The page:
Instaread Summary of The Swans of Fifth Avenue by Melanie Benjamin
Five out of five stars
Historical fiction is one of the most fascinating areas of literature and one of the most difficult to do well. For it must be based on facts and for the most part, the deviations from history must stay within the bounds of the “it could have happened.”
Truman Capote was a superb writer and an openly gay man. The people that were the swans were a small group of wealthy society women in New York City in the fifties through the seventies. These were women that were expected to be beautiful and dutiful, looking good at the arm of their husband, accepting his faults and always performing to specifications at social functions.
Despite their wealth and position, the swans were emotionally vulnerable and inherently unstable. In the early years, Capote proved to be a very loyal and safe friend, a person to which they could expose their vulnerabilities. In that respect, the book is a reaffirmation of the adage that the best friend that a woman can have is a gay man. However, as Capote began to self-destruct in his later years, he turned on the swans, dragging them down as well.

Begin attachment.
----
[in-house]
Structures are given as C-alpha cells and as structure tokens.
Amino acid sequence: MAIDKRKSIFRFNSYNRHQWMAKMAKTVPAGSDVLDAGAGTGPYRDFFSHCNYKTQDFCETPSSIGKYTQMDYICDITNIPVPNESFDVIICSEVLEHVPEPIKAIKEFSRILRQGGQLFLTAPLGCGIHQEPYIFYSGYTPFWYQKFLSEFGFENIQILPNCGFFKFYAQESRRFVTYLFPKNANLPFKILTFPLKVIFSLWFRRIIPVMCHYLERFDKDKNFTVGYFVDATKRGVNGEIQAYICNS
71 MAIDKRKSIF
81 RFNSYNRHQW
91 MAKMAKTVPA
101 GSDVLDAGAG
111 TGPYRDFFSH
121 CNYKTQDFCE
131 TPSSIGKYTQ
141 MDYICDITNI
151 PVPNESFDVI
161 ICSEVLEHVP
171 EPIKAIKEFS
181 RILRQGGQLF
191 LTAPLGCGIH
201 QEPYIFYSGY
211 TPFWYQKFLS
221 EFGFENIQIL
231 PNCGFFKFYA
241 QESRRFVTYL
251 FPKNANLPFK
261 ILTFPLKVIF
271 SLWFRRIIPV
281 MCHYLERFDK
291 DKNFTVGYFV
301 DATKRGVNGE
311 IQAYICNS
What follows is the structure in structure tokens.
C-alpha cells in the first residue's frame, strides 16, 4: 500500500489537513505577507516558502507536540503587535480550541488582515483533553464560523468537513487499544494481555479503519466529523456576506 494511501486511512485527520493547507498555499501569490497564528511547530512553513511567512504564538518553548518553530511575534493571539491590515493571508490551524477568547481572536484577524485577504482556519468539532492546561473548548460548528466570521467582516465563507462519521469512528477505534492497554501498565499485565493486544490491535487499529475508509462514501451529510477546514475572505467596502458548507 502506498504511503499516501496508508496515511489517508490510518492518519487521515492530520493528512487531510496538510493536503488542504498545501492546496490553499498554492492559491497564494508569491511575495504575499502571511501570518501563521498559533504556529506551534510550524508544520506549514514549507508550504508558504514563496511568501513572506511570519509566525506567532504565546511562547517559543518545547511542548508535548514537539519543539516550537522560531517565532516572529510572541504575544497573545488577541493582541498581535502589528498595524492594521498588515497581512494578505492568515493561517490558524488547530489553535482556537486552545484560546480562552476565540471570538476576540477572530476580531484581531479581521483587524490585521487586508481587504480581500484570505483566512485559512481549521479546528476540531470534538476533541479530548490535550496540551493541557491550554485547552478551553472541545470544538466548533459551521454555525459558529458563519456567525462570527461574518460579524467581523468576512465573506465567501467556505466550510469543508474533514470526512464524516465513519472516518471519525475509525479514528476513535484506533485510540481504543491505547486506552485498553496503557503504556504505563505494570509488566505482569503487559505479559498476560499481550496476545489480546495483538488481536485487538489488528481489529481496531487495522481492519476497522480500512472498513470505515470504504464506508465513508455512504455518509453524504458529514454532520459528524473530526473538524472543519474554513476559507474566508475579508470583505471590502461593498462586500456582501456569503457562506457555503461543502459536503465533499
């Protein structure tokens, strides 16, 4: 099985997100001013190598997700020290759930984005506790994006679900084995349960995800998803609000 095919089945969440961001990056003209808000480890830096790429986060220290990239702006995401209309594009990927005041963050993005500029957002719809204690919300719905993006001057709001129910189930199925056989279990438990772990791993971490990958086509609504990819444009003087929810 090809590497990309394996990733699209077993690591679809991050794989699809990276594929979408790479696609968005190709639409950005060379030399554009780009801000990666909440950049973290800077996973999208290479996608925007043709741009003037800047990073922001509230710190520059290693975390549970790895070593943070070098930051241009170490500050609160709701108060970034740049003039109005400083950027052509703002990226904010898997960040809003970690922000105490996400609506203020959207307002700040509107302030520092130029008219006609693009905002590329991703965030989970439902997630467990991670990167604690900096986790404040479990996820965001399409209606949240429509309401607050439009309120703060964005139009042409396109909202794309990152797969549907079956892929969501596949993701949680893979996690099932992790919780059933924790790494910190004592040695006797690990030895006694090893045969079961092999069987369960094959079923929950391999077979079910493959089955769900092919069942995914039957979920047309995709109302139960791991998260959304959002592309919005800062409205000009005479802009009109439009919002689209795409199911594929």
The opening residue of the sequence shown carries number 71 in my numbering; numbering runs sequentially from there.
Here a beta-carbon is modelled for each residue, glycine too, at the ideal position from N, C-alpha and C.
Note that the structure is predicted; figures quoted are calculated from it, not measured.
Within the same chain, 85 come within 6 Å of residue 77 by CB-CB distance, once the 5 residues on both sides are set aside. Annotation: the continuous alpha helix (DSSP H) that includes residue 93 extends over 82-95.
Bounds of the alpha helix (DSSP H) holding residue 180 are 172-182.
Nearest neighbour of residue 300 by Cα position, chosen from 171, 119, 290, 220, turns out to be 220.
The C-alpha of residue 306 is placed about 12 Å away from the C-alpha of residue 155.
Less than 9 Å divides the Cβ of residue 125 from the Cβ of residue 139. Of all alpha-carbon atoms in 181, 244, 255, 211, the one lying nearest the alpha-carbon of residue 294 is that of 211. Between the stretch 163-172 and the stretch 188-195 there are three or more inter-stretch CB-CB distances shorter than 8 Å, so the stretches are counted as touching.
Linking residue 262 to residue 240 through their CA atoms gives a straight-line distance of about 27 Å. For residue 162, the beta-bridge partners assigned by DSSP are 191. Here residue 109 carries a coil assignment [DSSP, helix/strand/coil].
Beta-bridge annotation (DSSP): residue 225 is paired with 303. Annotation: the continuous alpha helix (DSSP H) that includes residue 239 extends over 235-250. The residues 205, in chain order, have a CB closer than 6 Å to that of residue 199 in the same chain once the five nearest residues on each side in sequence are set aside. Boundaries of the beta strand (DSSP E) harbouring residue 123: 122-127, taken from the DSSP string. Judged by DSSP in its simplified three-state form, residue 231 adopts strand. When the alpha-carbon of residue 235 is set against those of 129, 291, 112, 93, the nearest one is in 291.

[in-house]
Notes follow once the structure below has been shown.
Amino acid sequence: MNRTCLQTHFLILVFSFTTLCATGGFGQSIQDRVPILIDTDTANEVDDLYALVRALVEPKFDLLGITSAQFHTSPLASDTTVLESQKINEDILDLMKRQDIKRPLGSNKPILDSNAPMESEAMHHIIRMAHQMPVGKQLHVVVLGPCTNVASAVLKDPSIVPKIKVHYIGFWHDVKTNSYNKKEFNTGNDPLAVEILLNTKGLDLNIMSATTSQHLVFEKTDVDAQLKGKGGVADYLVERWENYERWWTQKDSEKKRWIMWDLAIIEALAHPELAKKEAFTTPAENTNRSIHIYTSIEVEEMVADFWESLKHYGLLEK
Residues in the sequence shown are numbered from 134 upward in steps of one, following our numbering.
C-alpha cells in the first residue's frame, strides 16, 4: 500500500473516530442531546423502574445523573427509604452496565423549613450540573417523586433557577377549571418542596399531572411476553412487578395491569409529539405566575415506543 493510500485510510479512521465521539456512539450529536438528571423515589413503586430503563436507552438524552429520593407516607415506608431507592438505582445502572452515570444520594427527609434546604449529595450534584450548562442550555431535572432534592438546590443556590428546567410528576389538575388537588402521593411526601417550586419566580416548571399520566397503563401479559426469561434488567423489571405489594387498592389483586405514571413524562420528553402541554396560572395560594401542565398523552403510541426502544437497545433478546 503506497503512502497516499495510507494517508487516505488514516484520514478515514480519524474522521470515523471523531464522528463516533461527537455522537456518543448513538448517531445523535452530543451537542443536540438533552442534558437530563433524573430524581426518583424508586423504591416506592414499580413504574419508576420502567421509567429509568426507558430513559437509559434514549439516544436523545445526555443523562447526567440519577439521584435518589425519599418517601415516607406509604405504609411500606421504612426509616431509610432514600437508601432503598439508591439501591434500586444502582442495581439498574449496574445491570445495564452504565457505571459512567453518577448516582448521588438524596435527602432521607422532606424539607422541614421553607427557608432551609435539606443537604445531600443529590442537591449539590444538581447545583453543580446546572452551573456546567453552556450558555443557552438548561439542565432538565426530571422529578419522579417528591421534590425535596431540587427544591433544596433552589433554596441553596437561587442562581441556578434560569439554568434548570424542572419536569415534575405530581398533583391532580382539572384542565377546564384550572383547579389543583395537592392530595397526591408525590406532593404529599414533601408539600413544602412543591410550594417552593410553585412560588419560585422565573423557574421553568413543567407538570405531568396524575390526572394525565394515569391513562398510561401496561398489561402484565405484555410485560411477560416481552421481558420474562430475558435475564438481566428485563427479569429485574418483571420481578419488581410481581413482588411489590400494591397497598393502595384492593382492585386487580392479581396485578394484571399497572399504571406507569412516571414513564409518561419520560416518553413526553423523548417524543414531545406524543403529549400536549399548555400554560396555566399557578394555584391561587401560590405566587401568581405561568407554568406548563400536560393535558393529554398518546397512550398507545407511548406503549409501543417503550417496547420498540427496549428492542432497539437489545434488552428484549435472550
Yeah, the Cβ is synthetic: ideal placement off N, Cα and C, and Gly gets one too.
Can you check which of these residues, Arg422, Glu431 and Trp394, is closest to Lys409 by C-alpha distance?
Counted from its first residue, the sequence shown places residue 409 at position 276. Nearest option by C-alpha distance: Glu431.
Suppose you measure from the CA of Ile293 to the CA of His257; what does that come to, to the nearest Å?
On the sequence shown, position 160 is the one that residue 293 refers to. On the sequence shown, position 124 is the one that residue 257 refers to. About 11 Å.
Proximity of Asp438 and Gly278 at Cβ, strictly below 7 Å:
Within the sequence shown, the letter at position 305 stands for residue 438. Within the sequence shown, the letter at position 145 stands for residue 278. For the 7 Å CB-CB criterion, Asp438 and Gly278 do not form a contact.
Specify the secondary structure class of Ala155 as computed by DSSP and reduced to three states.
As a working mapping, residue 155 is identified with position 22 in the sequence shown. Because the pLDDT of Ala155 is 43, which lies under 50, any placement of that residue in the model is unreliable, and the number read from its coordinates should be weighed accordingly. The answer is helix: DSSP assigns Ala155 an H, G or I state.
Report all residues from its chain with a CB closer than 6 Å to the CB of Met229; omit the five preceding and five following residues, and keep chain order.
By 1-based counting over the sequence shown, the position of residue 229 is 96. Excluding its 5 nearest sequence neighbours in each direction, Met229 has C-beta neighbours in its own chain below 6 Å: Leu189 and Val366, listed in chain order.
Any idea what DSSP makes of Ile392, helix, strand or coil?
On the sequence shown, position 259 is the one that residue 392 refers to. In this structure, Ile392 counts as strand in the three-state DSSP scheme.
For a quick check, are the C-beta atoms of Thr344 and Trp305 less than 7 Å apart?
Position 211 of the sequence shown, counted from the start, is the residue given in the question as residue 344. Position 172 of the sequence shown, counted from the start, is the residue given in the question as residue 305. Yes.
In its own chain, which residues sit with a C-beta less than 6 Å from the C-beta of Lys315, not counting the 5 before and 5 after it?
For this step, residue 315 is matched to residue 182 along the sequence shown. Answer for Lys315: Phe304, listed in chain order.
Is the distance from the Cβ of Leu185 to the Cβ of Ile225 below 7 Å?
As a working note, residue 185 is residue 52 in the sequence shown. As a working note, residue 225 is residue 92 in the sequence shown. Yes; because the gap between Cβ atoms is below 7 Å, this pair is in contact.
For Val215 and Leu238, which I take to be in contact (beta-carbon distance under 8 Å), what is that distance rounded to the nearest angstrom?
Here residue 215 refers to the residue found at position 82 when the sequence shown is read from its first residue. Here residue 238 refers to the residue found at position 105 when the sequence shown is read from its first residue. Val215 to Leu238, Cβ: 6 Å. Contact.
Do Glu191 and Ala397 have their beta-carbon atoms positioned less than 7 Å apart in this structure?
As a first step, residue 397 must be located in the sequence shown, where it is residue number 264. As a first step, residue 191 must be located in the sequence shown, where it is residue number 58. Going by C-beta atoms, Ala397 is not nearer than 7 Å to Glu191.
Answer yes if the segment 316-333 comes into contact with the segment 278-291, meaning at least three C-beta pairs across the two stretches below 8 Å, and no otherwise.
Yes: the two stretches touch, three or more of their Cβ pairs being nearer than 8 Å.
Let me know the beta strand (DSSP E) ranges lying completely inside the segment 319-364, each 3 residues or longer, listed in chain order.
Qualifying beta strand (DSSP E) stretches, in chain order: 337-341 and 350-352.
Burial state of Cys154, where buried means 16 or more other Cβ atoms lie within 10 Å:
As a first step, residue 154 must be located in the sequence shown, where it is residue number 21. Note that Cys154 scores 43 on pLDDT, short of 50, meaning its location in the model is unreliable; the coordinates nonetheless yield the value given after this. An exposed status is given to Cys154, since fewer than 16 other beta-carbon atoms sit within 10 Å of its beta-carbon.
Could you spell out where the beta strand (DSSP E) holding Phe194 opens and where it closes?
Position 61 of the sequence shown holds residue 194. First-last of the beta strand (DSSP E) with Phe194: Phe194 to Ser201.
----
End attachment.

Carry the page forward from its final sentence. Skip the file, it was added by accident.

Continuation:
From this summary, it appears that the book if far more fact than fiction, and the fiction is all a logical extrapolation of what is known. It makes the book sound very interesting in the way that the masses want to be titillated. I was reminded of something I heard during the height of the popularity of the prime-time soap “Dallas.” The comment was, “People are excited to learn that wealthy people are miserable beneath their facade of wealth and power.” In reading this summary, the reader will learn that at least in this case, the wealthy people are indeed miserable. Although I am a fan of Capote, I would not have read the book until I read the summary. Now I intend to read it.
This book was made available for free for review purposes.